We, the Pastors of the Catholic Church in Kenya, have been gathered in an extraordinary plenary meeting of our Episcopal Conference on the 27th of September 1991. In a spirit of collaboration with all men and women of good will in our country and faithful to our prophetic role of spreading the Good News of the Kingdom of God and its Justice, we express our concern on several issues which have been affecting the life of people in Kenya. All these issues have been made public knowledge through the media of communication; our purpose is not to add more information on them nor to take sides in any public debate but to briefly analyse them in the light of the Christian faith which is our last term of reference.
As it was announced by the Kenya Dailies on September 4, 1991, the price of basic commodities such as cooking fats, oil, wheat, maize flour and others was considerably raised. While this rise may not affect very much the small minority of well-off people, it affects dramatically the majority of the common workers and in a special way the immense crowd of the poor. This increase of prices is again provoked by the pressure of an artificial "shortage" created by private traders.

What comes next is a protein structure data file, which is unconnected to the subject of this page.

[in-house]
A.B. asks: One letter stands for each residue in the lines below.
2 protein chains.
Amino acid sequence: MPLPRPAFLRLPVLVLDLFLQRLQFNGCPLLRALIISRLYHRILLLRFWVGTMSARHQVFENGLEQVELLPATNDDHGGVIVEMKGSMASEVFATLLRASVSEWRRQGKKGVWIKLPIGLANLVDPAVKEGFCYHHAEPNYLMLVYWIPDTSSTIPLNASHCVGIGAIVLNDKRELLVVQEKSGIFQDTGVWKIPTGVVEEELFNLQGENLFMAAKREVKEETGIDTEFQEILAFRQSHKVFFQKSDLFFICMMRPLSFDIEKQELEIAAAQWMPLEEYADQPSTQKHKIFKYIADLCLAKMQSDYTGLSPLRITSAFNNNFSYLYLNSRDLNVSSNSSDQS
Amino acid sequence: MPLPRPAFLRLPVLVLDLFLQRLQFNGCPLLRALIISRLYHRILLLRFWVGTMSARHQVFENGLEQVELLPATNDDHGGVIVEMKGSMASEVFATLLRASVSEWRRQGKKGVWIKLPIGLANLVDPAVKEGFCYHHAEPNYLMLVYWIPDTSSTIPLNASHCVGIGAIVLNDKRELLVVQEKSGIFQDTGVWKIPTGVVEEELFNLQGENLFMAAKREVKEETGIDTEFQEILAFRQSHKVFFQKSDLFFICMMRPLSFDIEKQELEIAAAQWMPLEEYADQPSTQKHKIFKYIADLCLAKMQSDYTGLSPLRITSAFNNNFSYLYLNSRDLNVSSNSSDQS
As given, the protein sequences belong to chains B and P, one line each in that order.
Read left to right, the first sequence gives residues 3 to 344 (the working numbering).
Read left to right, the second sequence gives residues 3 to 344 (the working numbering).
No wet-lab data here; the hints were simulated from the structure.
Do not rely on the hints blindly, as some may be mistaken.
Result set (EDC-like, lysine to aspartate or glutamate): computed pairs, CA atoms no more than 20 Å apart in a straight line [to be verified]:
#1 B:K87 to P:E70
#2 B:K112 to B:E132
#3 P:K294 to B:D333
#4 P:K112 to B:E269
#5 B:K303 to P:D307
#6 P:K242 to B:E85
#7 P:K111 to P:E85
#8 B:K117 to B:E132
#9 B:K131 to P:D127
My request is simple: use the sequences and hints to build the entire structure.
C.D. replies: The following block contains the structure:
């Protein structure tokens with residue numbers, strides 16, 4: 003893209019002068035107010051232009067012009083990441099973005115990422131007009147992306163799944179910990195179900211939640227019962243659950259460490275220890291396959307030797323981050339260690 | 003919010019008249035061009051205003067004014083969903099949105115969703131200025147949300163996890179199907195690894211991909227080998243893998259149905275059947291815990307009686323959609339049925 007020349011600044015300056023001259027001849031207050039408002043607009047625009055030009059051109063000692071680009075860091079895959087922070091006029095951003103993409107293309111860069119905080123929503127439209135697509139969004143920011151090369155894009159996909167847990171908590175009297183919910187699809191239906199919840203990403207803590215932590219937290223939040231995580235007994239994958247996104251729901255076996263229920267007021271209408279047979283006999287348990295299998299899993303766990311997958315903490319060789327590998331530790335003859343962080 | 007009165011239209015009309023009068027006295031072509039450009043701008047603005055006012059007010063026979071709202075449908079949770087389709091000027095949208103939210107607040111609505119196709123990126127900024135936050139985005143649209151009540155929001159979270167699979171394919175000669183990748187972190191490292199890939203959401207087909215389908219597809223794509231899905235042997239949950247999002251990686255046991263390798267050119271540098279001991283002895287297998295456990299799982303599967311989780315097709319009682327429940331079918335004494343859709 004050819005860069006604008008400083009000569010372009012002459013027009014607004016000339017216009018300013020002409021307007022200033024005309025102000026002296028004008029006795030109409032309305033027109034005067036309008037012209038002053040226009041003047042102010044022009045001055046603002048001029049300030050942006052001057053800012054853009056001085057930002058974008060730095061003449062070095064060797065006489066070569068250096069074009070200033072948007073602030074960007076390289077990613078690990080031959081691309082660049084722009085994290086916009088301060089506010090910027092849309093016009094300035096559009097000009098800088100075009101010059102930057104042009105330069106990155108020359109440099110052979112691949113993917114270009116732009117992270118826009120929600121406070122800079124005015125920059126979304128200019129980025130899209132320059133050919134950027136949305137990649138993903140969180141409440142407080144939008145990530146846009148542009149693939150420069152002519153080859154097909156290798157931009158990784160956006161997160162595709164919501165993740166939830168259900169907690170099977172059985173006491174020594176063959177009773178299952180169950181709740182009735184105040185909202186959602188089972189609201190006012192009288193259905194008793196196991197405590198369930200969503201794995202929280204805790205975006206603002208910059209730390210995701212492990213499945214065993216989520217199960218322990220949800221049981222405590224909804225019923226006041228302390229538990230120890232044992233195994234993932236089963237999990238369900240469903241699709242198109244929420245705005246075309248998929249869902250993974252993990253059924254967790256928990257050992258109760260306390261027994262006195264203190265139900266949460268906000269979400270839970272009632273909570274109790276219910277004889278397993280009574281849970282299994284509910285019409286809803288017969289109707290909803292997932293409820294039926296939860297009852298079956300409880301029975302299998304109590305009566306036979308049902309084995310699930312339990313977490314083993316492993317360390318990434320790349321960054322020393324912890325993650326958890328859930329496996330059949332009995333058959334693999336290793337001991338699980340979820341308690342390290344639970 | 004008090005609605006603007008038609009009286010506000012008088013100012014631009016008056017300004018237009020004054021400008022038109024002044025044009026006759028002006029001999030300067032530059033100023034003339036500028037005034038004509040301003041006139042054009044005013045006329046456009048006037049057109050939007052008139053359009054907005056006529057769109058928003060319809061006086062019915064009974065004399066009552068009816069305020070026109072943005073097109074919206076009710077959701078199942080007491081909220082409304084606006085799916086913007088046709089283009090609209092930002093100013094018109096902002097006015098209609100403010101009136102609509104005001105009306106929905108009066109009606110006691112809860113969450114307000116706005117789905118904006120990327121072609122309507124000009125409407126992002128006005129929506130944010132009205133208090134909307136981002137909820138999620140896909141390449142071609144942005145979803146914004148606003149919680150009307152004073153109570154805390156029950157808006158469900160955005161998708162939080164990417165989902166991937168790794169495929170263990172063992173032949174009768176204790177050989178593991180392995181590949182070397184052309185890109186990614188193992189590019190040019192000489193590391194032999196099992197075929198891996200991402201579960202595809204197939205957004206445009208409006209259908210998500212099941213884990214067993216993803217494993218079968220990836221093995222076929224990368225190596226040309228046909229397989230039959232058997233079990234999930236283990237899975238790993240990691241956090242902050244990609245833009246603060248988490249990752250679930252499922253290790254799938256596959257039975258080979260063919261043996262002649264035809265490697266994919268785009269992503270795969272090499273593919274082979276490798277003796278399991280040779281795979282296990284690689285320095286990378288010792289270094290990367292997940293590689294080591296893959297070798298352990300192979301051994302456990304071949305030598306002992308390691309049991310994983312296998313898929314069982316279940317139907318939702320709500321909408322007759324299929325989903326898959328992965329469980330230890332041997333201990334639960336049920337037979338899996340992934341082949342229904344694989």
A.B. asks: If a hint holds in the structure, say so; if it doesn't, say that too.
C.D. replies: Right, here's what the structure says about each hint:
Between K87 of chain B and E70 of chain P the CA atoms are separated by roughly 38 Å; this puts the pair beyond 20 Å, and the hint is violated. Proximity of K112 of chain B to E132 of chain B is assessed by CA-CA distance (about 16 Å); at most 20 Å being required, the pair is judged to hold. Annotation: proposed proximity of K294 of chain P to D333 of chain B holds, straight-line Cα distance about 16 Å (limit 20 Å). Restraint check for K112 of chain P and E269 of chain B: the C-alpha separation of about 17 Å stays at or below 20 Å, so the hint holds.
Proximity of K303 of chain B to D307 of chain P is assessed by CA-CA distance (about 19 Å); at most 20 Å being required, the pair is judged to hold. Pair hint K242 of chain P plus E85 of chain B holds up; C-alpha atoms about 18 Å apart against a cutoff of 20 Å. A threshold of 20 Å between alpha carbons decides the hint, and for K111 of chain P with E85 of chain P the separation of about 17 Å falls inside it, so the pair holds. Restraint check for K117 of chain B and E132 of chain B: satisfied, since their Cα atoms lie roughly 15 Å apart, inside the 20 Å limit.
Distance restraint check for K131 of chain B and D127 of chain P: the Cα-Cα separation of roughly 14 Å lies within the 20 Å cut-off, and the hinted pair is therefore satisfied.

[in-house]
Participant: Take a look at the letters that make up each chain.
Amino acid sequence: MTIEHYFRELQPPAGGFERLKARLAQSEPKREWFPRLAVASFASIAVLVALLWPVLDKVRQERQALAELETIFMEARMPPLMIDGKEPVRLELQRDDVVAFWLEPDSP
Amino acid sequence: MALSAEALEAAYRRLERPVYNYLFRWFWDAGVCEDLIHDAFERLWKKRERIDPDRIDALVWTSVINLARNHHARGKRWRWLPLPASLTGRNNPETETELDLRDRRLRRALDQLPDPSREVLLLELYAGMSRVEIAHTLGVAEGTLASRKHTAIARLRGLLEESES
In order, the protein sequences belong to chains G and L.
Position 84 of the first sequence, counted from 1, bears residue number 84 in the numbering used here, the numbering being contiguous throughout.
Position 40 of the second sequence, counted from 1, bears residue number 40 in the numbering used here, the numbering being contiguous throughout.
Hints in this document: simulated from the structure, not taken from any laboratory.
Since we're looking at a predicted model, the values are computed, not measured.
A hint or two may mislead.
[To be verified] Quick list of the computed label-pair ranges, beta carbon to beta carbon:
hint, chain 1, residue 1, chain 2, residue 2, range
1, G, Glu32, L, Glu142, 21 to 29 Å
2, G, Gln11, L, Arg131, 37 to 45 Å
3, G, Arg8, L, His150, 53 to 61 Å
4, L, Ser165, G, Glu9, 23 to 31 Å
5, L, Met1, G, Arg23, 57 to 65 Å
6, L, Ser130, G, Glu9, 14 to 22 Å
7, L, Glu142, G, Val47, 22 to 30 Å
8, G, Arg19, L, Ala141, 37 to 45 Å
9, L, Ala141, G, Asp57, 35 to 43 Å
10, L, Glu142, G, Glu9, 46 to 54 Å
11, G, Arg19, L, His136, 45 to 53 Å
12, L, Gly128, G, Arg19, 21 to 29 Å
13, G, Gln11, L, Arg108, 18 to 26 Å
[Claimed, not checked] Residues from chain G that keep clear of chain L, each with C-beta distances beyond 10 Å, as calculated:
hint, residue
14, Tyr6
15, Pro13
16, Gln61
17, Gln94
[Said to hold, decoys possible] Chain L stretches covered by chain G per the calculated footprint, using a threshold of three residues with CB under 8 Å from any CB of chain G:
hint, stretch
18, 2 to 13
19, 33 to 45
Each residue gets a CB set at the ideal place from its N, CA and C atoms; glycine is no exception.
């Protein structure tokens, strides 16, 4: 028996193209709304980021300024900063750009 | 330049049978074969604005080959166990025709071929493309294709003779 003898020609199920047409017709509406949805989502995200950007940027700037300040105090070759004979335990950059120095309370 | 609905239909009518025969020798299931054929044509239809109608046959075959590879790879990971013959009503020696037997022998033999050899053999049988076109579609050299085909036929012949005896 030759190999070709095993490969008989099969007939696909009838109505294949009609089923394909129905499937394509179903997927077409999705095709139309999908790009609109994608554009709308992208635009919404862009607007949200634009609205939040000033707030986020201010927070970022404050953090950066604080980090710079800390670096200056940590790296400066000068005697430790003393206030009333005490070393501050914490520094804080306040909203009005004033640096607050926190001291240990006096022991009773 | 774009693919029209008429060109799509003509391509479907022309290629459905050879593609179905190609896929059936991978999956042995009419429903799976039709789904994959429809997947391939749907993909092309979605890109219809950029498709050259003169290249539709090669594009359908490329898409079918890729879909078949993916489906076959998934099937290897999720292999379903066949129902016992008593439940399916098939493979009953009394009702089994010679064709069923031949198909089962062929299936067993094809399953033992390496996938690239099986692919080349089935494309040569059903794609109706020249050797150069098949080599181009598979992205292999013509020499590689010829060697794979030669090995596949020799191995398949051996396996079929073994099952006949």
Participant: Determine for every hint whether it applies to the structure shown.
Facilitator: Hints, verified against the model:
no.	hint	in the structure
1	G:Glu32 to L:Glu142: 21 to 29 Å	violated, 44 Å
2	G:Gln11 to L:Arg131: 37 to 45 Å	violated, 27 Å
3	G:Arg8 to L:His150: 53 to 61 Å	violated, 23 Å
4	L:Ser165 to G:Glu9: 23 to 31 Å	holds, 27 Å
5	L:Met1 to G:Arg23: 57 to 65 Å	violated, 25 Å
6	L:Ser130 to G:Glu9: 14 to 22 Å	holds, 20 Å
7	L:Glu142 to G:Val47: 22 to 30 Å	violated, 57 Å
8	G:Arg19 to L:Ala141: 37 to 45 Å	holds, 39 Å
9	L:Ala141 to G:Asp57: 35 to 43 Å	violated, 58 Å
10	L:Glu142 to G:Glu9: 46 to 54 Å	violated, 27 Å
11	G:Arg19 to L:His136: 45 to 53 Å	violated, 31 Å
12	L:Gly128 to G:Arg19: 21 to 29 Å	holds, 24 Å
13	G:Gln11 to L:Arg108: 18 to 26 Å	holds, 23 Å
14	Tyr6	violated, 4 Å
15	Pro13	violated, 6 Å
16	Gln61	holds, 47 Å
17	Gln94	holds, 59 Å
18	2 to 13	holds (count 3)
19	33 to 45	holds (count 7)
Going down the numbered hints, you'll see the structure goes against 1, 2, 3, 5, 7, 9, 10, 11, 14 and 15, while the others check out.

They use the hiding or hoarding of goods as a technique which is becoming a new trend in our country. First of all such a practice renders irrelevant in the eyes of people the official declaration of the "Budget Day" and secondly, the periodic rise of prices widens ever more the existing gap between the rich and the poor in our country, as we have already explained in the past  As a matter of fact, when we compare the official scale of minimum wages with the increasing cost of living there is no wonder that many people look for illegal and immoral ways of financial survival. The recent increment in salaries of civil servants and teachers, quoted by the Dailies on September 14, 1991, still insufficient, has not been matched by a corresponding rise of salaries in the private sector where the abuses are often rampant. Finally, this price increase of some food commodities has not been matched by the corresponding increase of prices for the goods produced by farmers as it would have been logically expected.